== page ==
An Enduring Fondness for the Fairmont

When I returned to one of Fairmont’s Vancouver hotels last week, I got to thinking about what hotel chains represent in our minds - the worlds, even the eras in history, that they conjure up for us: romantic and grandiose or tacky and lowlife - sometimes all it takes is a name. The Fairmont’s portfolio contains two such properties of the romantic and grandiose kind: The Savoy in London and The Plaza in New York. Those legendary names  immediately evoke a more elegant, glamorous era. That’s what grand hotels give us and that’s why, on a harried city day,  when traffic noise, digital displays and shop windows filled with trashy mass-produced clothes are starting to get me down, I often wander into the foyer of a  grand hotel. Like Dr Who’s Tardis but for people with a hankering for marble halls, chandeliers, sweeping staircases, opulent bouquets and a bit of Cole Porter to accompany it all,  we step into another world once we go through their revolving doors.

 My first big commissioned trip as a travel writer came in 2000, from an idea that I had sent to “The Sunday Telegraph” about locations of Hitchcock films around San Francisco.  “Vertigo” featured beautiful footage of the city.   I got to follow in the tracks of James Stewart and Kim Novak.  And my first stop was at the Fairmont, San Francisco. This was the first ever Fairmont - and what a grand, gracious building it is, set right on top of Nob Hill where the cable car lines intersect. The management put me in a room overlooking the elegant Brocklebank apartments. This was where Kim Novak’s mysterious character, Madeleine, lived. Researching the feature evolved into spending  many happy hours gazing out at the glorious views of the city and I started a life-long love affair with elegant Fairmont hotels.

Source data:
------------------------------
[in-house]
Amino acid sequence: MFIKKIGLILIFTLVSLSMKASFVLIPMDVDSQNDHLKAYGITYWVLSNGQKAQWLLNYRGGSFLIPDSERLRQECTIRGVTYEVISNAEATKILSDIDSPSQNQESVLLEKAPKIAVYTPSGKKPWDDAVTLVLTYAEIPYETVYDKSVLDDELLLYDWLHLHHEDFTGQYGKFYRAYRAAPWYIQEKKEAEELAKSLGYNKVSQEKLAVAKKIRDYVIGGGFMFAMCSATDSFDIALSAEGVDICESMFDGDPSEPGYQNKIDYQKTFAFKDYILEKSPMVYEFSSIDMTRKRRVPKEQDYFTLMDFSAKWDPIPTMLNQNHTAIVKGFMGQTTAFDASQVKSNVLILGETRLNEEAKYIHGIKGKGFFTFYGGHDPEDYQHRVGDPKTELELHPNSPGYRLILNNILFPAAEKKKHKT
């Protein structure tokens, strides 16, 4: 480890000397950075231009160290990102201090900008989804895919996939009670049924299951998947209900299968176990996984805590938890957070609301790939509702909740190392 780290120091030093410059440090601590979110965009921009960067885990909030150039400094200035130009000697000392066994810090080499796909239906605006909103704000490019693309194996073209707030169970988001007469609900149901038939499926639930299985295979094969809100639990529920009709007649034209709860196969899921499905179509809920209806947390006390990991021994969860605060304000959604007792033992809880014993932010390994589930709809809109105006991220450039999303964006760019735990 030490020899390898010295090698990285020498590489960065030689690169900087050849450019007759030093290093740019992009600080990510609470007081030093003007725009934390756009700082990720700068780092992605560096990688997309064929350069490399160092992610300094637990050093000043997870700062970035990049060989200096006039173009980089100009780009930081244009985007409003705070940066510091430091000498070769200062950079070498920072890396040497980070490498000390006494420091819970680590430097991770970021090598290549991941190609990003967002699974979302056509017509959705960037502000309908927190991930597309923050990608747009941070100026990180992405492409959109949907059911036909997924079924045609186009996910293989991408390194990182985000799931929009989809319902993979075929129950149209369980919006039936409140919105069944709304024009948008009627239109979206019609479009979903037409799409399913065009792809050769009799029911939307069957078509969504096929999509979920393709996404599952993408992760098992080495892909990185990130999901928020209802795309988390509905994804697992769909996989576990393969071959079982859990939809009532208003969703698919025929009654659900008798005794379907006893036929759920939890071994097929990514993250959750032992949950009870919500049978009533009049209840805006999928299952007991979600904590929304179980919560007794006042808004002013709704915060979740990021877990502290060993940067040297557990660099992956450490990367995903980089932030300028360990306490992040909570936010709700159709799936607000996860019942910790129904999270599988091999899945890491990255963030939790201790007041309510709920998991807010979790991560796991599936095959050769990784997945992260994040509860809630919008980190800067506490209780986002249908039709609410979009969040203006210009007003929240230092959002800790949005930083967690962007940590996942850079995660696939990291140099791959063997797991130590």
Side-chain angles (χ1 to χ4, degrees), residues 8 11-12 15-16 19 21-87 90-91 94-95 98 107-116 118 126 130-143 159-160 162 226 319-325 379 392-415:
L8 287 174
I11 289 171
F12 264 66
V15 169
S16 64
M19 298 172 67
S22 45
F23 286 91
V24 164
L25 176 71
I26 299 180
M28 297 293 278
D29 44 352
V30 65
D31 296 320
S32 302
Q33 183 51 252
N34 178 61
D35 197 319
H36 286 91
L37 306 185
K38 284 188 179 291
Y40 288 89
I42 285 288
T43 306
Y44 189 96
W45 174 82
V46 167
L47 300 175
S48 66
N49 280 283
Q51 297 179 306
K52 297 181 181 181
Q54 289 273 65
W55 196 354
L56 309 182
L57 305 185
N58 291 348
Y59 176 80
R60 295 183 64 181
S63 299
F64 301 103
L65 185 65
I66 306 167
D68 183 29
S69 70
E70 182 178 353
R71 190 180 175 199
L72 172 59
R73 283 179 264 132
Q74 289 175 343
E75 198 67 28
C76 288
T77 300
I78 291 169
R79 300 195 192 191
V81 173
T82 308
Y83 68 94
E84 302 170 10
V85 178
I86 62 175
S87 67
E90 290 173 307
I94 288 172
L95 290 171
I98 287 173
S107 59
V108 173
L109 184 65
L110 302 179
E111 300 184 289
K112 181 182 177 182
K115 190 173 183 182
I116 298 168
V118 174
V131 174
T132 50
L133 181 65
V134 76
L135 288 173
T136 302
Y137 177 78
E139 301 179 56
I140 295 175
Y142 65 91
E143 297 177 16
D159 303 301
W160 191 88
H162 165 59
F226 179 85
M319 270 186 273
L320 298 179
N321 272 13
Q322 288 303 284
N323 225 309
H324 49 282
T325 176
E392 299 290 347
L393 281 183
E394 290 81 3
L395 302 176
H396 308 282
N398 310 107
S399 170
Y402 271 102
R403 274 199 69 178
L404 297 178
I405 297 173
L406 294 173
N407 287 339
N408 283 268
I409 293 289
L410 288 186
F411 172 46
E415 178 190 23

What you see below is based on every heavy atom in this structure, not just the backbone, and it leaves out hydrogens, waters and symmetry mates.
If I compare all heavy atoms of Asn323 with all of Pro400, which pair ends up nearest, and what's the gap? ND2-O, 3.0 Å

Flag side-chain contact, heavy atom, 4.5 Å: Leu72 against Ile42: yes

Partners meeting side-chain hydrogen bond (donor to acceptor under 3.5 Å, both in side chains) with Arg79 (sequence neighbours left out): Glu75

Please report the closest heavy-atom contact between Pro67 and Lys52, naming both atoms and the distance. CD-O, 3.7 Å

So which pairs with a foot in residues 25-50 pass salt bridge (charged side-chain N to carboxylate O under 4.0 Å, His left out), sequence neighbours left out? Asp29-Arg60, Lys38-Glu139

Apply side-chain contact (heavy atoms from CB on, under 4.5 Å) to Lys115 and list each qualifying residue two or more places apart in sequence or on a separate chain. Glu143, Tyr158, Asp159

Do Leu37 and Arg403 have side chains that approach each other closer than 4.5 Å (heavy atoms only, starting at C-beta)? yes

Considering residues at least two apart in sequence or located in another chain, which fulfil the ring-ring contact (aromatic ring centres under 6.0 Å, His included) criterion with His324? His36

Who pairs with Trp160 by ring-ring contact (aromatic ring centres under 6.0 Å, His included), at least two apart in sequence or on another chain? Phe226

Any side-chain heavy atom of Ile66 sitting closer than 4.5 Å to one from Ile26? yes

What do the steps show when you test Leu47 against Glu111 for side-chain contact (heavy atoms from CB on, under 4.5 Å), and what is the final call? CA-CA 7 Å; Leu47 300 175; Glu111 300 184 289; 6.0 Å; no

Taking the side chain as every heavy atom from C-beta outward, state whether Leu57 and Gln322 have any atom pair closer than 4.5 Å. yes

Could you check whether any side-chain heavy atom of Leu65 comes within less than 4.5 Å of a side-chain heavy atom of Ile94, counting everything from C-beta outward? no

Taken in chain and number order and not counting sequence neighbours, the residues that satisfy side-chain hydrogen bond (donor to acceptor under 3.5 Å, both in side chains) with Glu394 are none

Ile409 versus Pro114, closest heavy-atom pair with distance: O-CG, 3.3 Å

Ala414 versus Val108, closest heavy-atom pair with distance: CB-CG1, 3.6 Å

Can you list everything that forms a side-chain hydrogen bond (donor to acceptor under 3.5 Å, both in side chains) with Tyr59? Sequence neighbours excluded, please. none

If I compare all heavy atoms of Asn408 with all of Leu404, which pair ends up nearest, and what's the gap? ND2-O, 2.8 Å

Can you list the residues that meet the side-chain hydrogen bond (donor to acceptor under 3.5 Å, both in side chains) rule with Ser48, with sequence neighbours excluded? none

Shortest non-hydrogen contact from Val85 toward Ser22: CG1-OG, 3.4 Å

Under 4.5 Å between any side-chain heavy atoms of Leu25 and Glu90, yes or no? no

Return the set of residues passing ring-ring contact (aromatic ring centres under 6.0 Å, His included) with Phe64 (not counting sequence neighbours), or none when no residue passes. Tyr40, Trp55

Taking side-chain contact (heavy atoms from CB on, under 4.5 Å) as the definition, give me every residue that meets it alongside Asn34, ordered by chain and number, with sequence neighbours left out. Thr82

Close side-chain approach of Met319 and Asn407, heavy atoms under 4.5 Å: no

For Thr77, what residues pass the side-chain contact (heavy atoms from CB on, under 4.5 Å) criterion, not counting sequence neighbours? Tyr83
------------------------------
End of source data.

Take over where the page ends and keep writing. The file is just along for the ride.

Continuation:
The Fairmonts also own all those grand hotels that waited at the end of great transcontinental railway journeys in the early days of Canadian travel. Once known as Canadian Pacific hotels, such romantic and legendary names as the Royal York in Toronto, the Chateau Frontenac in Quebec, the Banff Springs, the Jasper Park Lodge and the Chateau Lake Louise hotel all came under the Fairmont name when the chains amalgamated a few years back and the decision was made to keep the more general “Fairmont” title.  Each of those hotel names evokes New World glamour - great castle-like structures on frozen lakes or rivers with a backdrop of vast forests and mountains that were awe-inspiring but just a little menacing in their dramatic beauty. Plush warmth and comfort guaranteed a welcome release from snow and ice and train rides that could last for days. Roaring log fires, palatial dining halls, stupendous scenery viewed from a cosy window seat were, and still are, the order of the day.  Out in the gentler climes of Victoria on Vancouver Island, at the far end of the second biggest country on earth,  is the grandest old Fairmont lady of all - the Empress Hotel.

In a complete contrast, my most recent trip took me, appropriately to one of the most recent Fairmonts. The Fairmont Pacific Rim in Vancouver was built to coincide with the 2010 Winter Olympics in Vancouver. Joining the venerable Fairmont Hotel Vancouver, the glitzy Fairmont Waterfront and the Fairmont at the airport, the Pacific Rim overlooks the green grass roof of the new Vancouver convention centre. We’re a long, long way from Quebec’s Chateau, the Savoy’s Art Deco and its sedate San Franciscan ancestor.  This is a brand new 21st century hotel in soaring glass that looks out over Vancouver’s harbour, forest and mountains and takes its name from one of the world’s most dynamic regions. Over a decade after those happy days in the Fairmont on Nob Hill, I sat in my own private hot-tub, ate luxury chocolates made in-house  and gazed once again at the busy life of the worlds’s greatest ocean: Container ships from China waited in the harbour, float planes took off for the surrounding islands, joggers and cyclists headed for Stanley Park. Once again, for just a brief moment, a Fairmont had transported me to another world.

John Coltrane sets off coffee shop revolt

Artigiano is my favourite Vancouver coffee shop. They make the best coffee in town and were tracing hearts, leaves, trees etc in that perfectly thick, creamy cappuccino foam when most coffee houses thought a sprinkling of cinnamon (ugh) on watery froth would make us feel that we might just be sharing our latte with Fellini on Rome's Piazza Navona. Artigiano, with its true Italian ancestry knew better - until they let John Coltrane loose in their West Broadway branch this past Labour Day.